Stochastic thunderstorm model for dynamic response assessment
Sien, Michael Hay Wah
Date of Issue2007
School of Civil and Environmental Engineering
Thunderstorm winds have been known to be highly non-stationary as compared to other large scale winds like monsoons. The highly localized nature of these winds generates ferocious winds at low to mid-height, deviating from the boundary layer wind profile that most building codes recognized. The thunderstorm downdraught rushes down vertically and spreads out radially like a wall-jet. Highest wind speeds are registered at locations which are nearest to the storm cell centre. The collection of thunderstorm data by an existing facility in the Nanyang Technological University campus provides the means by which a stochastic thunderstorm model may be constructed. The random nature of natural wind allows computation of stochastic response by using the random vibration theory. The thunderstorm time-history can be modelled by two separate parts: the non-stationary mean and the stochastic part.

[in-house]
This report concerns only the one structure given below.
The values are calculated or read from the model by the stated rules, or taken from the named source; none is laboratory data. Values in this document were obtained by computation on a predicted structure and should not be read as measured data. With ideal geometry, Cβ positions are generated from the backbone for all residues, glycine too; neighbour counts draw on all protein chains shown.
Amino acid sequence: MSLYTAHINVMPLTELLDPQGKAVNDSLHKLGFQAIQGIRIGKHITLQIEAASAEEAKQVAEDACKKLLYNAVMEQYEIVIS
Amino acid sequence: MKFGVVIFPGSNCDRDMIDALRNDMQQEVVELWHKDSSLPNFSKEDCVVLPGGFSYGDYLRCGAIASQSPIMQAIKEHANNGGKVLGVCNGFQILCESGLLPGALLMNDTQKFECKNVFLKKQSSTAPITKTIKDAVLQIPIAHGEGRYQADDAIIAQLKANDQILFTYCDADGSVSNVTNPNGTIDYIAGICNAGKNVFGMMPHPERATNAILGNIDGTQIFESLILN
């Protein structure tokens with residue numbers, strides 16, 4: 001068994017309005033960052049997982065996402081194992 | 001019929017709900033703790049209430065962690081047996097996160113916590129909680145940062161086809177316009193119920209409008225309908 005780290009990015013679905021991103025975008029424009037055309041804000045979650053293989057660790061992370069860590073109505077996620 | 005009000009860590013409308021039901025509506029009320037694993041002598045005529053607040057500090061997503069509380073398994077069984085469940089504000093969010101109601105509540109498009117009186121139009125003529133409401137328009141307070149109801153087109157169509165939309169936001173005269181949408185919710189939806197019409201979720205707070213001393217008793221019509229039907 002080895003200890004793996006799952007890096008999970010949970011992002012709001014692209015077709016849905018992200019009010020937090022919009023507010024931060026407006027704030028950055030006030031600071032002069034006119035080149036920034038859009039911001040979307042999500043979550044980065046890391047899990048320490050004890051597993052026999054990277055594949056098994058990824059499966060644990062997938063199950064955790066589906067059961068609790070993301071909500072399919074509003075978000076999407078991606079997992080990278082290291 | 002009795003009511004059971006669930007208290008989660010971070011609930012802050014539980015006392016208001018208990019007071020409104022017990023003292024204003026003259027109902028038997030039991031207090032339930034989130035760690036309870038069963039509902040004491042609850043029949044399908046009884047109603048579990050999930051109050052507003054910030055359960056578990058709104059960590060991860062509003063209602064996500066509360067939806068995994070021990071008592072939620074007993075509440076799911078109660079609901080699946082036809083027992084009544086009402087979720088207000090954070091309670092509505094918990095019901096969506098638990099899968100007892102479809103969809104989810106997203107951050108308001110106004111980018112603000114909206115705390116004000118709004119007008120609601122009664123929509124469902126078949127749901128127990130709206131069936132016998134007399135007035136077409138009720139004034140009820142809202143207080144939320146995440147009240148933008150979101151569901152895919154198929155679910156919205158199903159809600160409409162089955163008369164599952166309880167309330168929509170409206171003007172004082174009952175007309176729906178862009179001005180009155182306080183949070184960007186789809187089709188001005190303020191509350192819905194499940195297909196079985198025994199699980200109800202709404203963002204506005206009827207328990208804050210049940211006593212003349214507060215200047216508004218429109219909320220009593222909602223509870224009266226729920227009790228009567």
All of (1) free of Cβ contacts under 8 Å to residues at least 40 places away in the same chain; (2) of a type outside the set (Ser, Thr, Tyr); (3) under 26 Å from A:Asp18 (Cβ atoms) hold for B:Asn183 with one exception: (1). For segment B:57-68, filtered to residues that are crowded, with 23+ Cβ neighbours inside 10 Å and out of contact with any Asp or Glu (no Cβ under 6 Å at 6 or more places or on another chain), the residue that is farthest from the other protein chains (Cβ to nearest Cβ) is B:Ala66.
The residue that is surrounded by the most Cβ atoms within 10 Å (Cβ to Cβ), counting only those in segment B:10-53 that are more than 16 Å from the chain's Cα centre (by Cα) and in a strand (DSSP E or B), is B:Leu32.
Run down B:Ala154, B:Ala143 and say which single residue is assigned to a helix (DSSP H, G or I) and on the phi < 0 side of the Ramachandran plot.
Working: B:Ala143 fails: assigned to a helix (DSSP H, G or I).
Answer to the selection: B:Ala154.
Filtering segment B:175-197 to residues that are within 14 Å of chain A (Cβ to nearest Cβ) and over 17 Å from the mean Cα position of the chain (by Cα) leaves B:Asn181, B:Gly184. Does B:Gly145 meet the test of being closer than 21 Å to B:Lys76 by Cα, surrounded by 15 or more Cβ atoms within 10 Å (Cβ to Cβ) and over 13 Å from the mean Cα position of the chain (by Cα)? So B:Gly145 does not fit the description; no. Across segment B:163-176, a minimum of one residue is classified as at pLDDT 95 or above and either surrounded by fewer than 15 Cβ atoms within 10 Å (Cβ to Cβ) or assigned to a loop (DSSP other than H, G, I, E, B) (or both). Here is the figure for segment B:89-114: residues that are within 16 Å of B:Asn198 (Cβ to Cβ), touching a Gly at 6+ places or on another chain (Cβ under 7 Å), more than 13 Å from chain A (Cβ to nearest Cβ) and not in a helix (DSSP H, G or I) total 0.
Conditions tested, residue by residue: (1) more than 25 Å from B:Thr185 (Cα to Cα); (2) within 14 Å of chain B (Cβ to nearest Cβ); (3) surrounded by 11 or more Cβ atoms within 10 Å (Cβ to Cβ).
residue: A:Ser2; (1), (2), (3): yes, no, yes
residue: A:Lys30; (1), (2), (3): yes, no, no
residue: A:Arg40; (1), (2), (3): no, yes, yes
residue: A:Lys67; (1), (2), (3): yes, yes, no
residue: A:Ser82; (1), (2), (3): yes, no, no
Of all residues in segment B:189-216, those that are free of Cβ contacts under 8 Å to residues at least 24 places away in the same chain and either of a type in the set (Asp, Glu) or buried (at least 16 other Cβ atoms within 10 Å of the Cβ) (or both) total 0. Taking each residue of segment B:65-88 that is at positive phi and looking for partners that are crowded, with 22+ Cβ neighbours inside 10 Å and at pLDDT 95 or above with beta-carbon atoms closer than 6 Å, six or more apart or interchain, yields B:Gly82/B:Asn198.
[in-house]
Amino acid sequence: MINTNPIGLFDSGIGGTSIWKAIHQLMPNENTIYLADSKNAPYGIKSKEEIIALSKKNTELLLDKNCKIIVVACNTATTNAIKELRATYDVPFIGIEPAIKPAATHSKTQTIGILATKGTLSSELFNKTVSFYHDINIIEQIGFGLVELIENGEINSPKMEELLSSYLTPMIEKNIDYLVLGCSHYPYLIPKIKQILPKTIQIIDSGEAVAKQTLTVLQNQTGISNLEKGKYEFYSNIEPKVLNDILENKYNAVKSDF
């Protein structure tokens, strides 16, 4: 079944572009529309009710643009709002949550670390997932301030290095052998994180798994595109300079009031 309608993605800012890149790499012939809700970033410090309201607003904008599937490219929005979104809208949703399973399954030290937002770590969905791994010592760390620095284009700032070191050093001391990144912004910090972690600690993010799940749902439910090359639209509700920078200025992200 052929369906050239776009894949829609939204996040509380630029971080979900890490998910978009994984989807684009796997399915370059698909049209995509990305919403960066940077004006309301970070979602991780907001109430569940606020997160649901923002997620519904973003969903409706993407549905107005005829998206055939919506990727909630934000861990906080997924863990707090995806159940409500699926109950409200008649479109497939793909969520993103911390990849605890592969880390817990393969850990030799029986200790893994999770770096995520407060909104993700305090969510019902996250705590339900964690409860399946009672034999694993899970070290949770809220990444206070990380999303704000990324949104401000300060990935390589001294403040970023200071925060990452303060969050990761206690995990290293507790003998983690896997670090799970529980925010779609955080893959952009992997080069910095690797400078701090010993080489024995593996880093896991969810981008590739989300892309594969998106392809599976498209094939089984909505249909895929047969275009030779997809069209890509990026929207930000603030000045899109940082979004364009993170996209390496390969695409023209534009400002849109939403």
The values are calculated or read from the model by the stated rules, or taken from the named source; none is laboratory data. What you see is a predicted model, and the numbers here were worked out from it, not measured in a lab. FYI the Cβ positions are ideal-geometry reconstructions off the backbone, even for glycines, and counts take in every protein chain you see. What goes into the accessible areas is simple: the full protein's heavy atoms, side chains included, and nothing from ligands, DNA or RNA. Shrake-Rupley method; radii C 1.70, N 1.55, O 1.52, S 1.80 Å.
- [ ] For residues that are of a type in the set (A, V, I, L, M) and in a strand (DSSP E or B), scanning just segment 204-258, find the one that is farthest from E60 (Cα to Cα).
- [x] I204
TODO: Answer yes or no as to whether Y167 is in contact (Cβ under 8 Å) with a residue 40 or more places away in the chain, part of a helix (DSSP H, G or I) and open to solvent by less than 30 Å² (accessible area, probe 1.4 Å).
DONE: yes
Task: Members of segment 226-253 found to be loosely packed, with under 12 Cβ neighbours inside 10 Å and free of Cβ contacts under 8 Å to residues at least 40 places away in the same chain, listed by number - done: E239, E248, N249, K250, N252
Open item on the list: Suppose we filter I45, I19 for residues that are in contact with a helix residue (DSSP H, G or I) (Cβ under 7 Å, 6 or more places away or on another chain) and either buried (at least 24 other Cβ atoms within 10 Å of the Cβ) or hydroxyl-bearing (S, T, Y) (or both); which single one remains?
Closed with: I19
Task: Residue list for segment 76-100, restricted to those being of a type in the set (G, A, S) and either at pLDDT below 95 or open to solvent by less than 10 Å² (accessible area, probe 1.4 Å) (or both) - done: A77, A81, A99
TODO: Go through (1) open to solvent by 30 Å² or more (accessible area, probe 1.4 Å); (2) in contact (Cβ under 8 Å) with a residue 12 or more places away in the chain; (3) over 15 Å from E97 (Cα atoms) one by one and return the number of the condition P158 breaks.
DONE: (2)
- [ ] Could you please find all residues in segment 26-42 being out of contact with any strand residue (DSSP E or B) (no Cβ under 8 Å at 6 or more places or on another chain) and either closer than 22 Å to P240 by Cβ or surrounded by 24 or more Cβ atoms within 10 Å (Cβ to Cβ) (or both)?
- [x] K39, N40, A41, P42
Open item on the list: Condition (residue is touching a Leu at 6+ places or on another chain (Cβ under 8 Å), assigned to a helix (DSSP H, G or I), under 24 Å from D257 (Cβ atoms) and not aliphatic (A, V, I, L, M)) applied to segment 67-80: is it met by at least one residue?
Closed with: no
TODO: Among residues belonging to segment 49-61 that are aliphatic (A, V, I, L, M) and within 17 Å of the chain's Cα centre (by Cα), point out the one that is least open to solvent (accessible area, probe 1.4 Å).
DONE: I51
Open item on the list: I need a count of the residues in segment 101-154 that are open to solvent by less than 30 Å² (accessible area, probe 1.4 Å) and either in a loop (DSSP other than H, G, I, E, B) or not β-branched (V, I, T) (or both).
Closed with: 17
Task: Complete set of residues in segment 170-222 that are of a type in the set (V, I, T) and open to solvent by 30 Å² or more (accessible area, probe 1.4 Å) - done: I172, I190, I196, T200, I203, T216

DRNTU::Social sciences::Geography::Physical geography
Nanyang Technological University